Health Law

DC Circuit strikes down Medicaid work requirements in Arkansas

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On Friday, the U.S. Court of Appeals for the District of Columbia Circuit struck down work requirements for Medicaid recipients approved for use in Arkansas.

The court said the U.S. Department of Health and Human Services acted in an arbitrary and capricious manner when it approved the demonstration program known as Arkansas Works in 2018.

Judge David Sentelle wrote the opinion. A press release is here.

The work program required Medicaid beneficiaries aged 19 to 49 to work or be engaged in educational, job training or job search activities for at least 80 hours per month. Some beneficiaries, including those caring for children under age 6, were exempted.

The work requirements took effect for those ages 30 to 49 in June 2018 and for those ages 20 to 29 in January 2019. A federal court vacated approval and halted the Arkansas program in March 2019.

The appeals court said the primary objective of Medicaid is to provide health coverage to those who can’t afford it, and any demonstration program must be likely to promote that objective. But after Arkansas Works was implemented, more than 18,000 people lost coverage.

The secretary of HHS failed to consider whether the Arkansas project would result in coverage loss. That failure is arbitrary and capricious, the appeals court concluded.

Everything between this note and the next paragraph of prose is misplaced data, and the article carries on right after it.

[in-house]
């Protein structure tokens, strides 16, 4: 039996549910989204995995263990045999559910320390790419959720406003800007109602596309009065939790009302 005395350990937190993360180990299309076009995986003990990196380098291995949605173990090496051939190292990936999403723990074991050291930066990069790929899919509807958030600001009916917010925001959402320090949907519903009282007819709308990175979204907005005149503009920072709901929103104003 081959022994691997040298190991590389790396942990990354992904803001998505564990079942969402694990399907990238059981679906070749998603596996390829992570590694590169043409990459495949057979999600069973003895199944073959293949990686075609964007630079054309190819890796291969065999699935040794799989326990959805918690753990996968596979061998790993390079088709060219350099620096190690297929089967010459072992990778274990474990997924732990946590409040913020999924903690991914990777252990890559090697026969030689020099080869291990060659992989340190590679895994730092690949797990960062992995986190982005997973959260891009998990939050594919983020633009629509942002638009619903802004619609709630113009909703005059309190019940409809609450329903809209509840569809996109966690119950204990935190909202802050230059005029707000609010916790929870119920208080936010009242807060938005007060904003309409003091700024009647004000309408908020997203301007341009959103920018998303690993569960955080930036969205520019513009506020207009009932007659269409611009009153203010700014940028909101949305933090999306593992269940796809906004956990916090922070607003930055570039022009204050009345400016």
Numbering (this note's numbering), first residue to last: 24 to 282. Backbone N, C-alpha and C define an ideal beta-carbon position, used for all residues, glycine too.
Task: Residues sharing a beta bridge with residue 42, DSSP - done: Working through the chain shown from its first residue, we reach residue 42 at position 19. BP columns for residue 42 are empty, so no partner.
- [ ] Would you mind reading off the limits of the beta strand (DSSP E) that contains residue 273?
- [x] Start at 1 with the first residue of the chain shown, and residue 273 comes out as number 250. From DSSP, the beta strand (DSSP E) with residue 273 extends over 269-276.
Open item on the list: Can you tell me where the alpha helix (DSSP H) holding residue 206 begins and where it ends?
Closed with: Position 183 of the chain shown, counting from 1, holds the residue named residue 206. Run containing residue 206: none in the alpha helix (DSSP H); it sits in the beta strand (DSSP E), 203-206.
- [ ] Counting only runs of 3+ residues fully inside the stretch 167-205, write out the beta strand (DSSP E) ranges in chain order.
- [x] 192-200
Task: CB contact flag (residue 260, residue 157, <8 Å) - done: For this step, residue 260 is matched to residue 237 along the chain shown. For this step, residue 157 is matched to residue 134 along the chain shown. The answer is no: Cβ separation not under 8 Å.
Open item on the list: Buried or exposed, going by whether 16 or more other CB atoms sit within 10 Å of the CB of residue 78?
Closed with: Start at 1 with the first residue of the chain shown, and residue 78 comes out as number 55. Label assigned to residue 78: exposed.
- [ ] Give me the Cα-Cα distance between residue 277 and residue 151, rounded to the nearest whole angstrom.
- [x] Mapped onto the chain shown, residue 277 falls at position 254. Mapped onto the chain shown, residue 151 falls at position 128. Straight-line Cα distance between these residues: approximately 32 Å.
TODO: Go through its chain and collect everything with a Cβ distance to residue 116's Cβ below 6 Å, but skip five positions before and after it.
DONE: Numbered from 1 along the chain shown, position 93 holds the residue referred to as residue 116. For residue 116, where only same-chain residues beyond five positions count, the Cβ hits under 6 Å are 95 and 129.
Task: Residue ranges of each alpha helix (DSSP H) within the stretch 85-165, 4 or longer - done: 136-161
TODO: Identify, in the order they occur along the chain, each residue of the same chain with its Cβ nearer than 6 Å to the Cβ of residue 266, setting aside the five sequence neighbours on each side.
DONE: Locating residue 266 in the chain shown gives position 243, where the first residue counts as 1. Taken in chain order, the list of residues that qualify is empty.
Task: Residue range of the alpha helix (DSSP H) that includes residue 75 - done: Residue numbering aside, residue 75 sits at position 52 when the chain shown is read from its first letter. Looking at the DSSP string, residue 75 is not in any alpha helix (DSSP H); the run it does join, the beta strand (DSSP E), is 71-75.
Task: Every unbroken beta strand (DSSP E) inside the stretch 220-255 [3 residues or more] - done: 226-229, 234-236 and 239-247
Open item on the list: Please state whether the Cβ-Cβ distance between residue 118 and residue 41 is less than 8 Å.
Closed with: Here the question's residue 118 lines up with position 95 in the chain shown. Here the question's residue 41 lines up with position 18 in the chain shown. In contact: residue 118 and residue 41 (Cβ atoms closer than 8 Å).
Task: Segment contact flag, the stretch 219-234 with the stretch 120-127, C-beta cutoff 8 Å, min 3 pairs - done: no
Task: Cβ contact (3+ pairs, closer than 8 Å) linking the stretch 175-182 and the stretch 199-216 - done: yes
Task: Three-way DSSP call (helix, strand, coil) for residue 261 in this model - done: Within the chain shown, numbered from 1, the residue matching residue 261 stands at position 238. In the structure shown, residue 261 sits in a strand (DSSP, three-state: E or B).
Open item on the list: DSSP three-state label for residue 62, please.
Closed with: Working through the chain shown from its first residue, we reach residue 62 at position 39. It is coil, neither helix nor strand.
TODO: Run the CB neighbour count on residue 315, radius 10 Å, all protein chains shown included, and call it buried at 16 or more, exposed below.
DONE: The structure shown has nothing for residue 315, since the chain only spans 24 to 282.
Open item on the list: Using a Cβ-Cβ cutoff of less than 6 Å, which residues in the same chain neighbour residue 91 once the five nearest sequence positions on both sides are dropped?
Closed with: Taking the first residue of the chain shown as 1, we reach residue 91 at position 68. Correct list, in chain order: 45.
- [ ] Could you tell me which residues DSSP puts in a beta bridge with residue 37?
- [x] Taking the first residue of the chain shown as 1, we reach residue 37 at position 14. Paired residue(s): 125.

The secretary had said Arkansas Works would encourage Medicaid beneficiaries to obtain employment, which has been correlated with better health outcomes.

The government may have been hoping to incentivize healthier outcomes or more engagement in health care, but that objective lacks textual support in the Medicaid law, the appeals court said.

“While furnishing health care coverage and better health outcomes may be connected goals, the text specifically addresses only coverage,” Sentelle wrote.

Plaintiffs challenging the requirement were represented by the National Health Law Program, the Legal Aid of Arkansas, the Southern Poverty Law Center and Jenner & Block.

The case is Gresham v. Azar.

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